PHI and Malmö University have a long-standing collaboration, dating back to 2008. The collaboration has resulted in several peer reviewed publications and a doctoral thesis. In late 2016, the European Commission granted 2.1 million euro to GlycoImaging – a joint cancer research project to develop improved methods for clinically diagnosing cancer.
Current methods for diagnosing cancer primarily focus on the proteins associated with cancer. However, there is increasing evidence that carbohydrates play an important role in the development and progression of malignant cancer. Current methods use and rely on antibodies created by living organisms. These natural antibodies, however, are not sufficiently specific to accurately detect and image carbohydrates.
The GlycoImaging project is coordinated by Malmö University and commercialized by PHI. Additional partners are Bundesanstalt für Materialforschung und Prüfung (Germany’s federal technology research institute), Umeå, Copenhagen and Turku University.
Popular lecture on cancer research by Prof. Anette Gjörloff Wingren 2016 (in Swedish).
A short presentation of GlycoImaging by Prof. Anette Gjörloff Wingren (in Swedish).
The GlycoImaging video (in Swedish).
Interviews and News
PHI’s Industrial Doctoral Student Louise Stenbaeck received a prize from Danish Cancer Society for her poster “Holographic microscopy: Macrophage-uptake of SA-MIPs”.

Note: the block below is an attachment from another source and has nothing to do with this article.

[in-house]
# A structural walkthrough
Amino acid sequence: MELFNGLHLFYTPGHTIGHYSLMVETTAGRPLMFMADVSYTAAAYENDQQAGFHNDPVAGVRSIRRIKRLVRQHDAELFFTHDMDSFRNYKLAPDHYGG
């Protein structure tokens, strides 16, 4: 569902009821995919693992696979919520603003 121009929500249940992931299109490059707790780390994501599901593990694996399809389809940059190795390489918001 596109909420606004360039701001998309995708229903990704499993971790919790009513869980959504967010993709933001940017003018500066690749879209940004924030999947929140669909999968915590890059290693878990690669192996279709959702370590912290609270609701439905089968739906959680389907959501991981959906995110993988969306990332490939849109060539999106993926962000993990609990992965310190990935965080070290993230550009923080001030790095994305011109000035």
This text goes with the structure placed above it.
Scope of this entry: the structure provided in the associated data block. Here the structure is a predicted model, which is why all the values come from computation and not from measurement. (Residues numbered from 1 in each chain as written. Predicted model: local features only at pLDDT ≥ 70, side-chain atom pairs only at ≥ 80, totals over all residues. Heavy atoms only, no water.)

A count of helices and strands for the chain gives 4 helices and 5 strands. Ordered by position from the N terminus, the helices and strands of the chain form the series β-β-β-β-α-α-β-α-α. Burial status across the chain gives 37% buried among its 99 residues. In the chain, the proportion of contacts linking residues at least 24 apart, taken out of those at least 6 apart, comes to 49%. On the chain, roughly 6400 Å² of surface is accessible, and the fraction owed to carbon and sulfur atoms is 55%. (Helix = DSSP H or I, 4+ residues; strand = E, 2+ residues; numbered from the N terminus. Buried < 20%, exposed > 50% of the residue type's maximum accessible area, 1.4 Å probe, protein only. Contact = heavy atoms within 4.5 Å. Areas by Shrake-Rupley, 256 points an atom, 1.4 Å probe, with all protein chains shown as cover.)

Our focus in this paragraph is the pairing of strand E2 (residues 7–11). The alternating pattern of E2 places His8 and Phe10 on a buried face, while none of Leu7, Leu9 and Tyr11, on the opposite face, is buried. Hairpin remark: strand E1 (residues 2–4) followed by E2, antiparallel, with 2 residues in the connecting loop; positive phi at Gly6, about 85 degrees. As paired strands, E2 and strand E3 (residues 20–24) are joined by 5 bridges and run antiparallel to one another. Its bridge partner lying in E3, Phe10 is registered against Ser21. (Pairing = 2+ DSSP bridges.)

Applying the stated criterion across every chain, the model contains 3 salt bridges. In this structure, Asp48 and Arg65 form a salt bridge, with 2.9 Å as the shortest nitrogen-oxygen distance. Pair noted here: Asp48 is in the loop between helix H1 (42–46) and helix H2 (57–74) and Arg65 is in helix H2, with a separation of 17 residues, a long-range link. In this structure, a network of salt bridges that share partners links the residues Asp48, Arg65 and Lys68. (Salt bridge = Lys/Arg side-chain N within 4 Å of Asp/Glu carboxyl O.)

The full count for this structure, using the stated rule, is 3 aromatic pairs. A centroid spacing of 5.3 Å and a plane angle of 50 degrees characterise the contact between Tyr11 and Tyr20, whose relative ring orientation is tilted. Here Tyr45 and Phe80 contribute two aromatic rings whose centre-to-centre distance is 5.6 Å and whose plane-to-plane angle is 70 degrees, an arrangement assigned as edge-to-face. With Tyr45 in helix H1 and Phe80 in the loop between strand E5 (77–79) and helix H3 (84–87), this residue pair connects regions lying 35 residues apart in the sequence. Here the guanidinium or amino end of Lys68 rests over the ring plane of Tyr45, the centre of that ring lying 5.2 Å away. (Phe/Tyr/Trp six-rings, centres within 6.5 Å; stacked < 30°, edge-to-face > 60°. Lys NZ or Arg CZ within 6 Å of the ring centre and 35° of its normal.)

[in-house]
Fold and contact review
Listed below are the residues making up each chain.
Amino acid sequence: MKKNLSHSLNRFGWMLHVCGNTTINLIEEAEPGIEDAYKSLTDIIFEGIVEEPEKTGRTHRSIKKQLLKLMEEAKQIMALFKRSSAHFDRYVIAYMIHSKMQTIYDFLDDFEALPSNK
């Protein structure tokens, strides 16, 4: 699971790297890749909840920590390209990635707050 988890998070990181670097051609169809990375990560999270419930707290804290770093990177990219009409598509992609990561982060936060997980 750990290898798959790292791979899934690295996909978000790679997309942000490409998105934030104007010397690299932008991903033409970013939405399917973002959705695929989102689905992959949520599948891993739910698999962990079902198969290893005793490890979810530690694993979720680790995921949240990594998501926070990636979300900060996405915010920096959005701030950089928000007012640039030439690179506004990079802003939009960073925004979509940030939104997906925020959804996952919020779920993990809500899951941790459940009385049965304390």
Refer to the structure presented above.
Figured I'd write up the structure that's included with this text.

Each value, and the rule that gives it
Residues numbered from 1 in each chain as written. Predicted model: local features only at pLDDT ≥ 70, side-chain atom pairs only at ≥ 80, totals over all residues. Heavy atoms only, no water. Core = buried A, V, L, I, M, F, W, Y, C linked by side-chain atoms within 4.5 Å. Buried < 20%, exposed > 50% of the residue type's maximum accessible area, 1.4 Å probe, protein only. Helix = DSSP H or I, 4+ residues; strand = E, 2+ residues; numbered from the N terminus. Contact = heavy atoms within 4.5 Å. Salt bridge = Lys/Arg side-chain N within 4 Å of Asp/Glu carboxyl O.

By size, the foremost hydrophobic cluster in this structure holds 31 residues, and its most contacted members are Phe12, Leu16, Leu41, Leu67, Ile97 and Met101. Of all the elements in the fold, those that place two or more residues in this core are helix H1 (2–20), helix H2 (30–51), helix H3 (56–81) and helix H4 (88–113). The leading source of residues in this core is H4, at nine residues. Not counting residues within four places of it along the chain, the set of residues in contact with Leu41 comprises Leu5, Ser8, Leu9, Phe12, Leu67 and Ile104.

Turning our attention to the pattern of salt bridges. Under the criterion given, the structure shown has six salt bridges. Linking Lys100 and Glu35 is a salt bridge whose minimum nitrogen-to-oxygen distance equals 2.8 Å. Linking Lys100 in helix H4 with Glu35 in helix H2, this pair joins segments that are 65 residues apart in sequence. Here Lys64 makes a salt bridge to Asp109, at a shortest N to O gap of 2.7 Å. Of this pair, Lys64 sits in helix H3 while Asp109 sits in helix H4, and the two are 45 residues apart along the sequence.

“In the near future”, Zahra El-Schich says, “you could have a HoloMonitor in every clinic. You could also customize cancer treatment for every patient by just using a simple tumor test.” Find out how.
Using nanoparticles and HoloMonitor technology Prof. Anette Gjörloff Wingren and her team aim to develop an early screening method that detects cancer by a simple blood test.
GlycoImaging is a collaboration project between PHI, Malmö University and four international research institutions. By combining PHI’s HoloMonitor technology with a new type of cancer probes, more sensitive methods to detect and diagnose cancer at an earlier stage than what is possible today.
EU grants 2.1 million euro to Phase Holographic Imaging and Malmö University with partners for joint cancer research
The European Commission has appointed Phase Holographic Imaging,Bundesanstalt für Material-forschung und Prüfung (Germany’s federal technology research institute), Malmö, Umeå, Copenhagen and Turku University to develop improved methods for clinically diagnosing cancer.
PHI’s HoloMonitor® technology allows cancer researchers to effortlessly monitor the reduction in cancer cell growth in real-time without disturbing or destroying precious patient samples. Unlike cytotoxic cancer drugs, cytostatic drugs do not kill cancer cells. Instead they stop tumor growth by stopping cancer cells from multiplying. As a result cytostatic treatments have fewer side effects than …
Faculty of Health and Society,
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205 06 Malmö, Sweden